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The Tentacle


October 16, 2014

Paying It Forward

Blaine R. Young

If I’ve heard it once, I have heard it a thousand times: residential development does not pay for itself.

 

While it may be true that families who move in to older existing homes, like mine in Monrovia – in some cases – may not provide enough revenue to the county to directly offset the cost of taking care of them here, I have never believed that to be true for new construction. With what builders and developers are charged today for the privilege of breaking ground on a new home, I have also thought that new home construction must pay for itself.

 

I am pleased to find out that someone did some research of this exact question. And before anyone asks, no county employee spent any time on this research. Here is what they found:

 

The 20 largest residential developments currently approved in Frederick County range in size from 61 units (in Urbana) to 3,235 (in Lake Linganore). Looking at the financial contributions that the builders/developers of those 20 projects will be required to pay to the county, we find the following:

 

·       The mix of units is 47% single-family detached; 32% townhomes; 21% multi-family totaling 12,694 units and building out over +/-20 years; and

 

·       An estimated $64,000,000 in revenue will be generated from one-time recordation tax, which is used for agricultural preservation, parks and recreation, school construction, and general government. This does not include re-sales, and the recordation tax generated from developer to builder land transfers; and

 

·       An estimated $8,600,000 in Library Impact Fee Revenue; and

 

·       An estimated $142,000,000 in School Impact Fee Revenue; and

 

·       An estimated $66,000,000 in additional School Mitigation Construction Fee Revenue; and

 

·       An estimated $27,750,000 in Moderately Priced Dwelling Unit Fee-In-Lieu Revenue; and

 

·       An estimated $153,850,000 in Water and Sewer Capacity-Connection Fee Revenue; and

 

·       An estimated $50,000,000 in Annual County Property Tax Revenue when all units are built.

 

·       Construction with developer money of Master Planned and Major Road Improvements including:

 

ü  I-70 @ Meadow Road Interchange

ü  MD 75 @ MD 80 Realignment

ü  I-70 @ MD 75 Interchange

ü  Eaglehead Drive and Eaglehead Bridge

ü  Linganore Town Center Connector

ü  Boyers Mill to MD 75 Connector

ü  English Muffin Way Extension

ü  Ballenger Creek Pike Improvements

 

·       An estimated $23,900,000 in Financial Contributions and/or Construction of MD 75 Corridor Improvements; and

 

·       Capital Improvement Program funding for an additional 2,580 Elementary School seats and 300 Middle School seats through 2020 to accommodate projected future growth; and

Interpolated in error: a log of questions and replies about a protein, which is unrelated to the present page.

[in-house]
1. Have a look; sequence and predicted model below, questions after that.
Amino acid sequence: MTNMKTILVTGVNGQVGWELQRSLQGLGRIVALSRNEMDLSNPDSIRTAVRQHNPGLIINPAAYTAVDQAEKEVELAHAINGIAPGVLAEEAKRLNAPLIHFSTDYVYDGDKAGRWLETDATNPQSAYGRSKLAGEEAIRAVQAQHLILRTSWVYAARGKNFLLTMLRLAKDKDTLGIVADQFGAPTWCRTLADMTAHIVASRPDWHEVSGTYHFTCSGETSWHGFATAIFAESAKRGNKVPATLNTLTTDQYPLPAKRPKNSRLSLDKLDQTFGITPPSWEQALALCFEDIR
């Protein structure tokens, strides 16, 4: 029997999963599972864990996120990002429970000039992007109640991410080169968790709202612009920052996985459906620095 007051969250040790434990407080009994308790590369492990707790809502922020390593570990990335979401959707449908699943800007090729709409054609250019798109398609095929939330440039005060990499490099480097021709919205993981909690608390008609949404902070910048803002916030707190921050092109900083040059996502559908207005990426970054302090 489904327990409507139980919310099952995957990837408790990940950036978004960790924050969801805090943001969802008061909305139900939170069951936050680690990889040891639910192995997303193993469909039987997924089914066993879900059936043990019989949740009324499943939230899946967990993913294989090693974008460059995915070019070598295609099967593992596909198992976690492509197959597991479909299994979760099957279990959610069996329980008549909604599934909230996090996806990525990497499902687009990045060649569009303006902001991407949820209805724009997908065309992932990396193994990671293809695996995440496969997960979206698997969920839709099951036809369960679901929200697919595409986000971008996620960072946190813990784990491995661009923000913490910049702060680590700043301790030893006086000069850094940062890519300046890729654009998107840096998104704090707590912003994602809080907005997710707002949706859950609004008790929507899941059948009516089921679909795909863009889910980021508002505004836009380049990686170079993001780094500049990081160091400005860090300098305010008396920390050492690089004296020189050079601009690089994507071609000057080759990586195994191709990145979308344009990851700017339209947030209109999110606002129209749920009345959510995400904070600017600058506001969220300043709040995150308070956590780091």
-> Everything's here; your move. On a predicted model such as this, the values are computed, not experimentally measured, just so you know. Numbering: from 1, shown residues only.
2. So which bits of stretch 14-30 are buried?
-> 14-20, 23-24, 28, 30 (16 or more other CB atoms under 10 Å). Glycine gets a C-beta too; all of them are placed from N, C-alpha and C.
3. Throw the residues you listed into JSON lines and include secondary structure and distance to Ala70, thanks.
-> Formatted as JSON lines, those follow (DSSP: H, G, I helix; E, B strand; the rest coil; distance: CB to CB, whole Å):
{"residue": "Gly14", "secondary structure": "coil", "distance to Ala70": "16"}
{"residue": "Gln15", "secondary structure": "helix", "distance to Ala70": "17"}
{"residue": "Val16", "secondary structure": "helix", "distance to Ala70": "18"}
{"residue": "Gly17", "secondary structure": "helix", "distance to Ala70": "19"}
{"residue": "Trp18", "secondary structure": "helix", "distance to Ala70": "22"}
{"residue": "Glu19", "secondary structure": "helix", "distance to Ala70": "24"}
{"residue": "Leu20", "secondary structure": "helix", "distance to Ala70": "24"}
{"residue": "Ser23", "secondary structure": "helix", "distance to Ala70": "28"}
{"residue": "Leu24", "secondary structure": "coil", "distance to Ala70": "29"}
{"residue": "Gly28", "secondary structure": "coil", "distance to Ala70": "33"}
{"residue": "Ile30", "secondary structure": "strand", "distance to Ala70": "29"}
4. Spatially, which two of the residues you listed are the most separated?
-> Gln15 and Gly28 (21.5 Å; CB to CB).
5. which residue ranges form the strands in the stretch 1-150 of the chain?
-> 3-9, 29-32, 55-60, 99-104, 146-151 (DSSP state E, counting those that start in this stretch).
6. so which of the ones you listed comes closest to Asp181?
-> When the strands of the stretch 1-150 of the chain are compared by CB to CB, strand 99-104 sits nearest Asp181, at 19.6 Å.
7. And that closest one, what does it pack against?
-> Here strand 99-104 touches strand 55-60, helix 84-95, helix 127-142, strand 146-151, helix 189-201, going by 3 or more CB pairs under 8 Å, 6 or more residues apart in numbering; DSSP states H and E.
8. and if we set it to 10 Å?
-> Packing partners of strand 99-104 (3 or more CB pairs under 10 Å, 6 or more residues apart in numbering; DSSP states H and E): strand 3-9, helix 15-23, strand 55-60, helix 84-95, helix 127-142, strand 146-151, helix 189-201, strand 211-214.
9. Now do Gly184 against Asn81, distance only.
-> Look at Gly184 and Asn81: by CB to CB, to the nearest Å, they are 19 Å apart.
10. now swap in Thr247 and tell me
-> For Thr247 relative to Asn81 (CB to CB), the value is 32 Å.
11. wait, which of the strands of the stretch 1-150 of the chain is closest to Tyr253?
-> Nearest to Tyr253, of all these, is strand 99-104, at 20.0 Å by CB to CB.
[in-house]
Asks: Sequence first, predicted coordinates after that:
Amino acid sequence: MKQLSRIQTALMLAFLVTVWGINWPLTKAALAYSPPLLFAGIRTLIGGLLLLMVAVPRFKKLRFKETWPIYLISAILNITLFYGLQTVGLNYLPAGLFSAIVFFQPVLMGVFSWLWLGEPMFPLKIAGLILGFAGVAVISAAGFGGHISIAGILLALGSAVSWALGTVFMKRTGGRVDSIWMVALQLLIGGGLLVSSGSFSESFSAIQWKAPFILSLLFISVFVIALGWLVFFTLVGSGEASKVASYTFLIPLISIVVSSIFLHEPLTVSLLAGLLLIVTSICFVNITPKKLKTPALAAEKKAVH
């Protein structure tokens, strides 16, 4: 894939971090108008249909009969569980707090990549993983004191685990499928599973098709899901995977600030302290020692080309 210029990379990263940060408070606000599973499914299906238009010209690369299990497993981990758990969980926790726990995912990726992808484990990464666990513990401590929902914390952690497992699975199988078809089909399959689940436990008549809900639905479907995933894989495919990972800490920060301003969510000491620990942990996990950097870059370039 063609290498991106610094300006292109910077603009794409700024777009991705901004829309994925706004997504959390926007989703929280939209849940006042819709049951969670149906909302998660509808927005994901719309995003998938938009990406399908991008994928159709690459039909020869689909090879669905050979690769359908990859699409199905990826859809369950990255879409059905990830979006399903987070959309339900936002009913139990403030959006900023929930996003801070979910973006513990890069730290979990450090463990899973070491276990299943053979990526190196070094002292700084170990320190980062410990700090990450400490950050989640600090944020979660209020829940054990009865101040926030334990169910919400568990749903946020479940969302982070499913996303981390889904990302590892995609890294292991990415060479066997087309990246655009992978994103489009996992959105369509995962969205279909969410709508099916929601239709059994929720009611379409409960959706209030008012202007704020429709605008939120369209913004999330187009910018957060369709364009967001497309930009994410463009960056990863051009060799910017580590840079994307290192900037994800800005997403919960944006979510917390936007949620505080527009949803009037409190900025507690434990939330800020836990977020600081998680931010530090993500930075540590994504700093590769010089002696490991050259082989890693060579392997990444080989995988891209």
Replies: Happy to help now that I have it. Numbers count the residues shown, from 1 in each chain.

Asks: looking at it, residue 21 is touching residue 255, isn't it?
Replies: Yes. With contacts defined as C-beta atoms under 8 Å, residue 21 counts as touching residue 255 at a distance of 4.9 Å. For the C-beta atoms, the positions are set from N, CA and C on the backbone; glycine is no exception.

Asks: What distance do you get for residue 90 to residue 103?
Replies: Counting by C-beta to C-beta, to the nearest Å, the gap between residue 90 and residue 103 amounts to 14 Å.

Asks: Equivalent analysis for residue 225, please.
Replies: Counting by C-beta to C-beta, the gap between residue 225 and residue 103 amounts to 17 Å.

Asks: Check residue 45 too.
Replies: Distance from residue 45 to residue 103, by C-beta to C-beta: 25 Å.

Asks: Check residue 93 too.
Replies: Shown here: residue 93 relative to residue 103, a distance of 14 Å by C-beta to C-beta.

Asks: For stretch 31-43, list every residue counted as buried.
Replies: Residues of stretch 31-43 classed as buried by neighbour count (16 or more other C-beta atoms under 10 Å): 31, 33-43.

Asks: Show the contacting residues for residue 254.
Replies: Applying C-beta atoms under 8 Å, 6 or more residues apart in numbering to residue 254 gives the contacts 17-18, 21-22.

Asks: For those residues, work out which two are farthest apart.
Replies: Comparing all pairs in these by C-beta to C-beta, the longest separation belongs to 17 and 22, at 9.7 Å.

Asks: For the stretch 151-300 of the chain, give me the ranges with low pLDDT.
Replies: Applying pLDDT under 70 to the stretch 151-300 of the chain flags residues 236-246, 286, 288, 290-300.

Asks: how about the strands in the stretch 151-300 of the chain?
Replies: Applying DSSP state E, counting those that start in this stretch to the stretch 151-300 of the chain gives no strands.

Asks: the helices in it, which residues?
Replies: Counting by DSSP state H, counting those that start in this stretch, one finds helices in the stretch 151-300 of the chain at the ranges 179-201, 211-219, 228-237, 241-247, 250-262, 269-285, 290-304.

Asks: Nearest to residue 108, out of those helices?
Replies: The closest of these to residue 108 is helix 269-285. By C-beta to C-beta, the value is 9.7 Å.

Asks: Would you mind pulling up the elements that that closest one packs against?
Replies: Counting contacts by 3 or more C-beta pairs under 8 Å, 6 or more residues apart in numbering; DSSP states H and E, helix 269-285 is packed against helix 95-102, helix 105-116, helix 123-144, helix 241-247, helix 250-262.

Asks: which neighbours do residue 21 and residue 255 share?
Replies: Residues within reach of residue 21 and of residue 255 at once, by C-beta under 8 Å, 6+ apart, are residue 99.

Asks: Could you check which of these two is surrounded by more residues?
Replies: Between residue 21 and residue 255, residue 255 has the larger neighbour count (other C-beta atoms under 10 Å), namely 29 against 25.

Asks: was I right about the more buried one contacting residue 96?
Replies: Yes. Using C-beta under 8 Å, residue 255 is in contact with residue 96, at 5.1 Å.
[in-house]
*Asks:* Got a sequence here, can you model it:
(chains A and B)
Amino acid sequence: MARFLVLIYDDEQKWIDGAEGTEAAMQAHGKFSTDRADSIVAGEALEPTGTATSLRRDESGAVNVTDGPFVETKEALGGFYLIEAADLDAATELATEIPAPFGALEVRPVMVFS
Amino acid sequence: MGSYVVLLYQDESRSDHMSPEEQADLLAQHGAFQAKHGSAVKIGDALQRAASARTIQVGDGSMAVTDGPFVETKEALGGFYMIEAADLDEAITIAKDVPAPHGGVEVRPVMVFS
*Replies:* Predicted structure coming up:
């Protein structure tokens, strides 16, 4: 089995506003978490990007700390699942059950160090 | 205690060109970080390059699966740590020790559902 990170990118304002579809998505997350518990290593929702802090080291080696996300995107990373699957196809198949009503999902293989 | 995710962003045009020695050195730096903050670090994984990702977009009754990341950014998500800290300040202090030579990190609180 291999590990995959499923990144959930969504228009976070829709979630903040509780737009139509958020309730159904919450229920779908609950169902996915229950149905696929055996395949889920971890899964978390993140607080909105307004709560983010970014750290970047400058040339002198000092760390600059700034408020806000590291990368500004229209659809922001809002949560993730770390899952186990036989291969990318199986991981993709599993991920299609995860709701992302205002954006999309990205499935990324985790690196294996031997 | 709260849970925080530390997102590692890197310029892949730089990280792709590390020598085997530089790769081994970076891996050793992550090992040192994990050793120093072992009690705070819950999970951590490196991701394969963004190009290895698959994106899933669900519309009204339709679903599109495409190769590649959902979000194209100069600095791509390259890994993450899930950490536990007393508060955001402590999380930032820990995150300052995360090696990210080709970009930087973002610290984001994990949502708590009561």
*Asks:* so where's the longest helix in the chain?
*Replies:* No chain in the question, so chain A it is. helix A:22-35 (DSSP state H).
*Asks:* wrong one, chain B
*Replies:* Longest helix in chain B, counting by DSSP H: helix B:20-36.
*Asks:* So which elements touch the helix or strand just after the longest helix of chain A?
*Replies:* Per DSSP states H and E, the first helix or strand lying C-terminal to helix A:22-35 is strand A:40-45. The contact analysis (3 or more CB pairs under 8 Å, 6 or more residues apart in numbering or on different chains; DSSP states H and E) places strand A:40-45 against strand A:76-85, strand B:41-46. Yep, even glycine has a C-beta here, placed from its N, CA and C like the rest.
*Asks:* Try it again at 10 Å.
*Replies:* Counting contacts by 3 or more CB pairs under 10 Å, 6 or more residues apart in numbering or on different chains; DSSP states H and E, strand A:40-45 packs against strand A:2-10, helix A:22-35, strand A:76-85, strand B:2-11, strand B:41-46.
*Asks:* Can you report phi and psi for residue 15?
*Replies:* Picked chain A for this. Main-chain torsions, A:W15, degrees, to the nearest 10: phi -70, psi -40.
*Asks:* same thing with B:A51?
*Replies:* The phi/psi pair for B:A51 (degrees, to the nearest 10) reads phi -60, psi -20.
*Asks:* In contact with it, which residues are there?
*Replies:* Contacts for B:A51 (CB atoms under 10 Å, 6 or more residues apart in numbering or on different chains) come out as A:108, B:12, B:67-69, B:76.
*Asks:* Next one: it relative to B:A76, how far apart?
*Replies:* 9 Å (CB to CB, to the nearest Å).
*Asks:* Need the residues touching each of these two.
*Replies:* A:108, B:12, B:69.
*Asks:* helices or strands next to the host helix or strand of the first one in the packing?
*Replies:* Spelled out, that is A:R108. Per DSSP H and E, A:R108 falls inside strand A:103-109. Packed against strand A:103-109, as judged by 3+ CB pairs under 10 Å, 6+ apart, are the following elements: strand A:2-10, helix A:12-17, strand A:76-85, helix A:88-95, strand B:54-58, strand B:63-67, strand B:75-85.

·       Secured developers responsibility to dedicate additional school sites without taxpayer funding:

 

ü  Elementary School Sites: @ Linganore, @ Harvest Ridge, @ Landsdale, @ Ballenger Run, @ Casey, @ Urbana North

 

ü  Middle School Sites: pending @ Blentlinger,

 

ü  High School Sites: @ Monrovia.

 

·       Secured developers responsibility to dedicate additional public facilities without taxpayer funding:

 

ü  Fire and Rescue Sites: @ Linganore, @ Monrovia, @ Jefferson Tech Park

 

ü  Library Sites: @ Linganore

 

·       The above does not include the $1,600,000 proffered from Urban Green combined with the $1,118,475 already received from Villages of Urbana in school mitigation that is being used to fund the 300 seat Urbana Middle School Fit-Out project.

 

·       The financial contributions above do not include income tax revenue as a result of new taxpayers and the smaller development projects approved that pay proportionate share of impact and mitigation fees as well or the significant water/sewer and other transportation infrastructure being constructed.

 

·       From estimating things like recordation tax revenue it was assumed that the average new single family dwelling would sell for $525,000, townhouse for $375,000, two-over-two unit for $300,000 and traditional condominium unit for $250,000.

 

These numbers conclusively prove one thing: the developers, builders and purchasers of new homes in Frederick County do not pay just for themselves – they pay for themselves plus for many of us who are already here and didn’t have to pay all these fees when our homes were built.

 

Blaine@BlaineYoung.com

 



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